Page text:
So women will go to war.
But when will they be drafted?
The Defense Department’s decision to lift the ban against women on the front lines of combat leaves open the question of the draft.
Men were drafted for the Civil War, World Wars I and II, Korea and Vietnam, when the draft ended.
Still, it was Congress, with the passage of a new Selective Service act in 1980 — at President Jimmy Carter’s direction, looking at the Russian invasion of Afghanistan — that shaped the modern law requiring young men to register for the draft, in the event of a need.
The Supreme Court voted 6-3 in 1981 against a challenge by men claiming discrimination under the law.
As the Pentagon works in the coming few years to determine which combat roles will be open to women, and what the standards will be, it will not be the Pentagon that decides if women are to be added to the draft rolls. It will be Congress, says Larry Romo, 12th director of the Selective Service System, in an interview with National Public Radio.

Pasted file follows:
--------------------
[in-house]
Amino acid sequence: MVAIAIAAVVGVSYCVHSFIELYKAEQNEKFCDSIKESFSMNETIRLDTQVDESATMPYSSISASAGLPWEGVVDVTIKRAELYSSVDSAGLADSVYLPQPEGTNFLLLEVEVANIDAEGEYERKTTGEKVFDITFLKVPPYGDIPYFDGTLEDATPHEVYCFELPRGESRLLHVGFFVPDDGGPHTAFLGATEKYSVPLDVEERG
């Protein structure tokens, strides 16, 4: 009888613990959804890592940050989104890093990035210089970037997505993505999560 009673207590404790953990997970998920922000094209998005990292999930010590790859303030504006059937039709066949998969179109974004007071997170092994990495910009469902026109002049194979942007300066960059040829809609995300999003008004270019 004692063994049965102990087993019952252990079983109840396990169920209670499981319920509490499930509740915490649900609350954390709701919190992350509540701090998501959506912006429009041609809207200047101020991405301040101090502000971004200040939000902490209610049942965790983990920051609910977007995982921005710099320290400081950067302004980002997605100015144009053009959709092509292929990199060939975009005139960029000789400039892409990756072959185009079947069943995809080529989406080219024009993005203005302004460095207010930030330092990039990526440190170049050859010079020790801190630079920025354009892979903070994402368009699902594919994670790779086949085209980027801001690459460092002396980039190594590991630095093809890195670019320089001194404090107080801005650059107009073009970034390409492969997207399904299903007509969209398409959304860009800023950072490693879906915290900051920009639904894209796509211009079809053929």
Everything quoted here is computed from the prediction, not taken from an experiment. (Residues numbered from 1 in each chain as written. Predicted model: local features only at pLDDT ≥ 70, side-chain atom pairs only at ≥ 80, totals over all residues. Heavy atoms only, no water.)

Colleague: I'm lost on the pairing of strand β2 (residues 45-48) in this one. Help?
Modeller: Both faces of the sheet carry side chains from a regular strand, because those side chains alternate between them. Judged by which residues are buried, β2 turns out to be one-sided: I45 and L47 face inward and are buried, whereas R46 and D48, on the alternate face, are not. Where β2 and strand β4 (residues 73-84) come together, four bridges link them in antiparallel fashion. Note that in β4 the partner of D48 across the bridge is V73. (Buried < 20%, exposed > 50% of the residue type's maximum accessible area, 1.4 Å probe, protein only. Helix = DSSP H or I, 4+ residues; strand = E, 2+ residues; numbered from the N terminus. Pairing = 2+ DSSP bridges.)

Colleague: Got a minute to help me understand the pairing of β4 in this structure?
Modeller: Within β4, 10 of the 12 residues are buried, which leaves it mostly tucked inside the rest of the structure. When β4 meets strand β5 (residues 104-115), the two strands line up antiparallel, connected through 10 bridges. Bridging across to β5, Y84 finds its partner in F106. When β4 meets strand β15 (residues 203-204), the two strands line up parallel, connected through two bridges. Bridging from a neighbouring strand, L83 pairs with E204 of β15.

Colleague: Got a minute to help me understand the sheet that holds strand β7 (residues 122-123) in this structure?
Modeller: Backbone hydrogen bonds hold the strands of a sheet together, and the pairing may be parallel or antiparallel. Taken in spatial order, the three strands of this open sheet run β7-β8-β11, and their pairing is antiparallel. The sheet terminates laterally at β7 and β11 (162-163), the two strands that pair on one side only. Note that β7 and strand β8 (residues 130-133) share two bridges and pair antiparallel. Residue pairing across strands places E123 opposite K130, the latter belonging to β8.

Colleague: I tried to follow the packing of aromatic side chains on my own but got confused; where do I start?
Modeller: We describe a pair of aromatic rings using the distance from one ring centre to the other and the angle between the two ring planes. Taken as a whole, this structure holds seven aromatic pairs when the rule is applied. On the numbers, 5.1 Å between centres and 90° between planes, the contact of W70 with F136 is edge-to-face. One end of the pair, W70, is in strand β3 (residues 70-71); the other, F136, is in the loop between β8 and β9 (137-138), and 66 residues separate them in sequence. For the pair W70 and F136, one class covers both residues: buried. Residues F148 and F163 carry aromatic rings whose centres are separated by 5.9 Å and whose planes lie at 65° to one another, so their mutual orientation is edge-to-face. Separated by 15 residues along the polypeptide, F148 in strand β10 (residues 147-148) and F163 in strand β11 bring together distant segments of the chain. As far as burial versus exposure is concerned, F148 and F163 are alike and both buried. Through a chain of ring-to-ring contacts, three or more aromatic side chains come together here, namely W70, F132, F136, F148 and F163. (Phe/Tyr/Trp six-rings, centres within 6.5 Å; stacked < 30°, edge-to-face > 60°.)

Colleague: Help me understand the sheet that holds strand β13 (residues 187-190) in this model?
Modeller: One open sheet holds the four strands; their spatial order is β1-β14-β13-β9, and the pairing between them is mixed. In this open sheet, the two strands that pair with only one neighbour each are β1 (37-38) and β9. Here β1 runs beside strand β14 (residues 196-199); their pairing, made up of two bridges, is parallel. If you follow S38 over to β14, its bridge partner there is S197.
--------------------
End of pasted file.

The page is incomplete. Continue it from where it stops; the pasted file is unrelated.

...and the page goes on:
“Congress and the president can either continue the military selective service as is, or they can pass a new law,” he says.
As it stands, 92 percent of men under 25 comply with the law and register with the draft.
Asked how much preparation he had for this issue, he said something interesting about Defense Secretary Leon Panetta’s decision to lift the ban on women in combat.
“We actually didn’t find anything out until I read about in the media,” the draft director said — though he has told the Pentagon that he stands ready to provide any information, while noting that Defense has until 2016 to approve final details of its deployment of women.
Congress? They have all the time they want.